Today it's back to William FitzStephens' description of London in the reign of Henry II and a little on fast food establishments! I wonder if McDonald's will ever served sturgeon and Guinea fowl!
Those that ply their several trades, the vendors of each several thing, the hirers out of their several sorts of labour are found every morning each in their separate quarters and each engaged upon his own peculiar task.
Moreover there is in London upon the river's bank, amid the wine that is sold from ships and wine cellars, the public cook shop. There, daily, according to the season, you may find viands, dishes roast, fried and boiled, fish great and small, the coarser flesh for the poor, the more delicate for the rich, such as venison and birds both big and little.
If friends, weary with travel should of a sudden come to any of the citizens, and it is not their pleasure to wait fasting till fresh food is bought and cooked and until servants bring water for hands and bread, they hasten to the river bank, and there all things desirable are ready to their hand. However great the infinitude of knights and foreigners that enter the city or are about to leave it, at whatever hour of night or day, that the former may not fast too long naught the latter depart without their dinner, they turned aside thither, if it so please them, and refresh themselves, each after his own manner.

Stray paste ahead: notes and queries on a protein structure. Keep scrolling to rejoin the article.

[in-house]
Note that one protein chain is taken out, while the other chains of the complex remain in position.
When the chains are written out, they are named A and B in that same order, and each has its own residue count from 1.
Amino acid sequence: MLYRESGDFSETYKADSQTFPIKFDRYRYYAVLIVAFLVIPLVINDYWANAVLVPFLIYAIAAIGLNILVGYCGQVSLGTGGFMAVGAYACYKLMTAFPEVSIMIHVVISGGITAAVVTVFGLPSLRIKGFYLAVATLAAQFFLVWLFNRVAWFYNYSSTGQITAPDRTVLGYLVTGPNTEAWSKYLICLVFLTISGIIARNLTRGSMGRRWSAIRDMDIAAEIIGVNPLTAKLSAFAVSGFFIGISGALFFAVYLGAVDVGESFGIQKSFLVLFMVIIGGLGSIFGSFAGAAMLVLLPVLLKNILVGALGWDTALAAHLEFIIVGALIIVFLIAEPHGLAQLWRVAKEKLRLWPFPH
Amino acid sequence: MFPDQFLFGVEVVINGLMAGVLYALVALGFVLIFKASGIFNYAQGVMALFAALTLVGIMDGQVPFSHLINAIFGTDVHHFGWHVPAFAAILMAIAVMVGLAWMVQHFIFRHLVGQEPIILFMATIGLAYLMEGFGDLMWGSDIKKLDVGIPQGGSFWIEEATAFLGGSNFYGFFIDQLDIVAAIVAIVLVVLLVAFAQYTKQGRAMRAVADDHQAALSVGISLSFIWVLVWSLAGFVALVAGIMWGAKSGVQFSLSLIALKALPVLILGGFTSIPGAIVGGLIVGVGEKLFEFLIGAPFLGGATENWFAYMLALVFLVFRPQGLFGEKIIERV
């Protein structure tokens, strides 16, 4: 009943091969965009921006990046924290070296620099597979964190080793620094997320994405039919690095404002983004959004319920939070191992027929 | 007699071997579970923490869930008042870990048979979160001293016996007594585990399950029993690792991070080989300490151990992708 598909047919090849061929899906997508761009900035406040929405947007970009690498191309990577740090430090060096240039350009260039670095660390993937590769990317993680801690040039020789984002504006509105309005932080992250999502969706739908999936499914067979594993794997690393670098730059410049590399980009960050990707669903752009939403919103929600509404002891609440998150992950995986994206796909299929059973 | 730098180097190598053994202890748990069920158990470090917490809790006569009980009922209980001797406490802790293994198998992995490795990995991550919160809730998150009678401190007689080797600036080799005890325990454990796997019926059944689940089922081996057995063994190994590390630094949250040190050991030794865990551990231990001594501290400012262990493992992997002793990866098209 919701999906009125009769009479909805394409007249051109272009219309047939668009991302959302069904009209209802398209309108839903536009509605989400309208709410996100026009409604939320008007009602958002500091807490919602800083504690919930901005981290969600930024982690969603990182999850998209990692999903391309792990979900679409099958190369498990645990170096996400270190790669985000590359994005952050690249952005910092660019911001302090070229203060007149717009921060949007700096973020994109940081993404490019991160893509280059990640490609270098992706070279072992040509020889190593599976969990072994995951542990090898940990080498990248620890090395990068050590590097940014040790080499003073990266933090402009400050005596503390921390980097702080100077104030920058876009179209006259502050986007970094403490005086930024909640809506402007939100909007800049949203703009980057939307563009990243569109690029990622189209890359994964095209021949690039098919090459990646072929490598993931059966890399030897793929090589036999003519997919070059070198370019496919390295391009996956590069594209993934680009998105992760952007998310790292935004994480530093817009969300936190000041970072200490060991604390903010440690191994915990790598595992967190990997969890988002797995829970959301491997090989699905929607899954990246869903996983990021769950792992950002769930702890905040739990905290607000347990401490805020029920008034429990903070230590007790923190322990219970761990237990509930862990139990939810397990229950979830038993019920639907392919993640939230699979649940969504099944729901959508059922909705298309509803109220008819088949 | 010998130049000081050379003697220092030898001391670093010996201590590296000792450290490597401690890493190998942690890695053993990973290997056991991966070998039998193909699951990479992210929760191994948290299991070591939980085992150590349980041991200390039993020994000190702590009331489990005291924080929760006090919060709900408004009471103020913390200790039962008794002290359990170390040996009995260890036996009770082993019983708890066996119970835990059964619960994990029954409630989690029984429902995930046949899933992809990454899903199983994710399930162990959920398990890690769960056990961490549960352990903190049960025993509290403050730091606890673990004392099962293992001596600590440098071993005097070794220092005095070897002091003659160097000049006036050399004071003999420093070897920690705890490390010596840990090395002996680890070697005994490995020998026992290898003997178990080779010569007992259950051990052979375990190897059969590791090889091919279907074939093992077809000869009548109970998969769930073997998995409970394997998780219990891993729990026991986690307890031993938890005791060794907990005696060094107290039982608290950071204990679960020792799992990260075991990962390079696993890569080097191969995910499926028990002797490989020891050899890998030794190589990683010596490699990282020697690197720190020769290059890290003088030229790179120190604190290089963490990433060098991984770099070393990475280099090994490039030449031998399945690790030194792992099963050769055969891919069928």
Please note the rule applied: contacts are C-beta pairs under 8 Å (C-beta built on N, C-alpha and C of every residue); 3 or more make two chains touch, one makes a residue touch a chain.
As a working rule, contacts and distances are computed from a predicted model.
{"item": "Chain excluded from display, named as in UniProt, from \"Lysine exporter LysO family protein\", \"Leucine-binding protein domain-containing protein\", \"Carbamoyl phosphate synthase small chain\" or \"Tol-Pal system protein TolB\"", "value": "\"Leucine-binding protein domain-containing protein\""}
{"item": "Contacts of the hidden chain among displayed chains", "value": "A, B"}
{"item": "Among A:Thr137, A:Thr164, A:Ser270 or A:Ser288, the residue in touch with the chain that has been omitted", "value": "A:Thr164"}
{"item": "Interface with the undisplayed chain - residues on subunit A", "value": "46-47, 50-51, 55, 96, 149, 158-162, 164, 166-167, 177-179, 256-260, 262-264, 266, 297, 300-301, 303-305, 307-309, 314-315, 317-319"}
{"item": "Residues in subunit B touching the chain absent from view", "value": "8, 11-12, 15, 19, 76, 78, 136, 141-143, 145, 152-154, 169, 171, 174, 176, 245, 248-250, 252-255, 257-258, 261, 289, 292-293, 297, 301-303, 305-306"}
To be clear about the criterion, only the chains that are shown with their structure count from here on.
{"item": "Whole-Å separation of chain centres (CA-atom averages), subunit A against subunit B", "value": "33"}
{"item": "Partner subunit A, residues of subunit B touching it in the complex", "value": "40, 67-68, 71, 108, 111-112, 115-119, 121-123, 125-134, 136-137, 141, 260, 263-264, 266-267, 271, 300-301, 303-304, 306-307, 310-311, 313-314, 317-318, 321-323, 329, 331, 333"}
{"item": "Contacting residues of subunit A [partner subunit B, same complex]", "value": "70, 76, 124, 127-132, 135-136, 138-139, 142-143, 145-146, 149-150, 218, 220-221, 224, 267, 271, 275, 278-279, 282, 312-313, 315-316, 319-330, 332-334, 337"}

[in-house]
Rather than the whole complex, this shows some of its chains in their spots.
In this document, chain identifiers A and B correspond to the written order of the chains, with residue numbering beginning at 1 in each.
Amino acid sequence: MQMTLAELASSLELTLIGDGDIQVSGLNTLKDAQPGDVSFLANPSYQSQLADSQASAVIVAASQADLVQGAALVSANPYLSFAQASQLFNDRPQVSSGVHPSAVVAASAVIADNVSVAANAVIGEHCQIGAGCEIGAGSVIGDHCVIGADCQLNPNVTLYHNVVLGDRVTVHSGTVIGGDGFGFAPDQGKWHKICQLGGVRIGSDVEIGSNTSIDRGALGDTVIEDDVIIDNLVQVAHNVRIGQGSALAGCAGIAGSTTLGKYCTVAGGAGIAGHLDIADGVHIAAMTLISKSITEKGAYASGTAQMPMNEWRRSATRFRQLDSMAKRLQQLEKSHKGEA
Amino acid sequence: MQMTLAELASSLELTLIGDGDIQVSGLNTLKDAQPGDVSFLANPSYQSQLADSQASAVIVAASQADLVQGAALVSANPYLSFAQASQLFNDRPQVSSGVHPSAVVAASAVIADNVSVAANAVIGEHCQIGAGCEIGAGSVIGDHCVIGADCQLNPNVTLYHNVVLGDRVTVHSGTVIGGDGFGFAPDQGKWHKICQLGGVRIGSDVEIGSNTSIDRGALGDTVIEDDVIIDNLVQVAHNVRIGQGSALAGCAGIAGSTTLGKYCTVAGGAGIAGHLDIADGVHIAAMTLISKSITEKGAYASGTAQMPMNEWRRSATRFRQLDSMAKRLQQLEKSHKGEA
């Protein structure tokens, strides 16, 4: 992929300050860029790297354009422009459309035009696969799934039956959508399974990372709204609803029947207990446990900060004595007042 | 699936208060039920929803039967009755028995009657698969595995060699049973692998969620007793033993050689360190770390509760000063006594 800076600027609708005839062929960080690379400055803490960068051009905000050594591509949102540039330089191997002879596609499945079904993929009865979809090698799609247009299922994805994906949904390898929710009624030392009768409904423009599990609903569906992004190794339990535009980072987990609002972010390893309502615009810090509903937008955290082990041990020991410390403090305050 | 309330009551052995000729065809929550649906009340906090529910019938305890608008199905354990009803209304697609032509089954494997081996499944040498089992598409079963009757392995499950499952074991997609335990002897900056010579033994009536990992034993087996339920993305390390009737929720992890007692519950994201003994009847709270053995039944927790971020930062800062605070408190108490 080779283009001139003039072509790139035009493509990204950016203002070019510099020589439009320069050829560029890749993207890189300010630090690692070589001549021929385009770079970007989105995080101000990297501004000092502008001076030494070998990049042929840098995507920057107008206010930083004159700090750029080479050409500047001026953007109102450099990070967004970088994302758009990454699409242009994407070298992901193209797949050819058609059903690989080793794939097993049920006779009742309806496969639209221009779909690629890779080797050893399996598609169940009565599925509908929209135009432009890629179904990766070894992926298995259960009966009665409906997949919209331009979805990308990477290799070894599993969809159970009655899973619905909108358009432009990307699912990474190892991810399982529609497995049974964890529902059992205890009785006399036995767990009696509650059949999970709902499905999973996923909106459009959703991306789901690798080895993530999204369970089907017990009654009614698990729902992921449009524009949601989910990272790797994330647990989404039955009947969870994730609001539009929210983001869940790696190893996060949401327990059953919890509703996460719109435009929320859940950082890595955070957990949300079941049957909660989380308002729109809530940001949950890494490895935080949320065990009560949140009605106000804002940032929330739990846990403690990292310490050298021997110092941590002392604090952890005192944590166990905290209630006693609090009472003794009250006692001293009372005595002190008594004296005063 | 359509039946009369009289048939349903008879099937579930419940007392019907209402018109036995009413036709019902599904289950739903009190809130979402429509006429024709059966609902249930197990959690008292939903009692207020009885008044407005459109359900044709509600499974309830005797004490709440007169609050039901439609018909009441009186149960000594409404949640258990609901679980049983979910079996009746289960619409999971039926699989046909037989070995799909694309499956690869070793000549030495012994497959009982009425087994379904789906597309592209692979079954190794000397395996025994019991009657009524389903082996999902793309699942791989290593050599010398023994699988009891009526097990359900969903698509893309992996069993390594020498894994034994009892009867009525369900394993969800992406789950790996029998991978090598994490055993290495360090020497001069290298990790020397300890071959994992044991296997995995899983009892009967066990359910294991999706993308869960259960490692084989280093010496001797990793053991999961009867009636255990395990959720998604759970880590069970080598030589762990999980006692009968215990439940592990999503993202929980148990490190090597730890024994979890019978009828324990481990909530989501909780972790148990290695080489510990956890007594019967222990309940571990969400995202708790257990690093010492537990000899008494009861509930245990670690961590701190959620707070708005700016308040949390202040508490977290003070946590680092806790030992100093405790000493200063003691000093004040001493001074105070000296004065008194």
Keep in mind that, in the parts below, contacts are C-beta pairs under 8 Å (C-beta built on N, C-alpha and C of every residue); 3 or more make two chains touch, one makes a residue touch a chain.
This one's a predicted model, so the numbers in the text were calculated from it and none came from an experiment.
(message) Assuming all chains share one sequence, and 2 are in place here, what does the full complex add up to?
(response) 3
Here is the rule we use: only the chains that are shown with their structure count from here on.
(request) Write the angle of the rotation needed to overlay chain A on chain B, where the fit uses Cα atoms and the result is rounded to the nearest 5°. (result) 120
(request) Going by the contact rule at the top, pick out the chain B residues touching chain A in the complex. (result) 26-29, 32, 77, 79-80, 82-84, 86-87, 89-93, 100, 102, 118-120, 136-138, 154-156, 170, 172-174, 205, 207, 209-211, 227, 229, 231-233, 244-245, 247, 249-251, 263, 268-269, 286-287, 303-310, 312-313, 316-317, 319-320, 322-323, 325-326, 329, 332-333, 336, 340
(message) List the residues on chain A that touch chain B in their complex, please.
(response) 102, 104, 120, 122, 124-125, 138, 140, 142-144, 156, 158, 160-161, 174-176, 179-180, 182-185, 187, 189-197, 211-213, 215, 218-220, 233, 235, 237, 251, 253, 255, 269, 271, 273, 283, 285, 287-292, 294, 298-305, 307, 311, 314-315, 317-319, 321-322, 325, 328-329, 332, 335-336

Those who desire to fare delicately, need not search to find sturgeon or guinea fowl or Ionean francolin since all the dainties that are found there are set forth before their eyes.
Now this is a public cook-shop appropriate to the city and pertaining to the art of civic life. Hence that saying which we read in the Georgias of Plato, to wit, that's the art of cookery is a counterfeit of medicine and a flattery of the fourth part of the art of civic life.
Today's research photo: Mediaeval cooking pots circa 1200: Museum of London.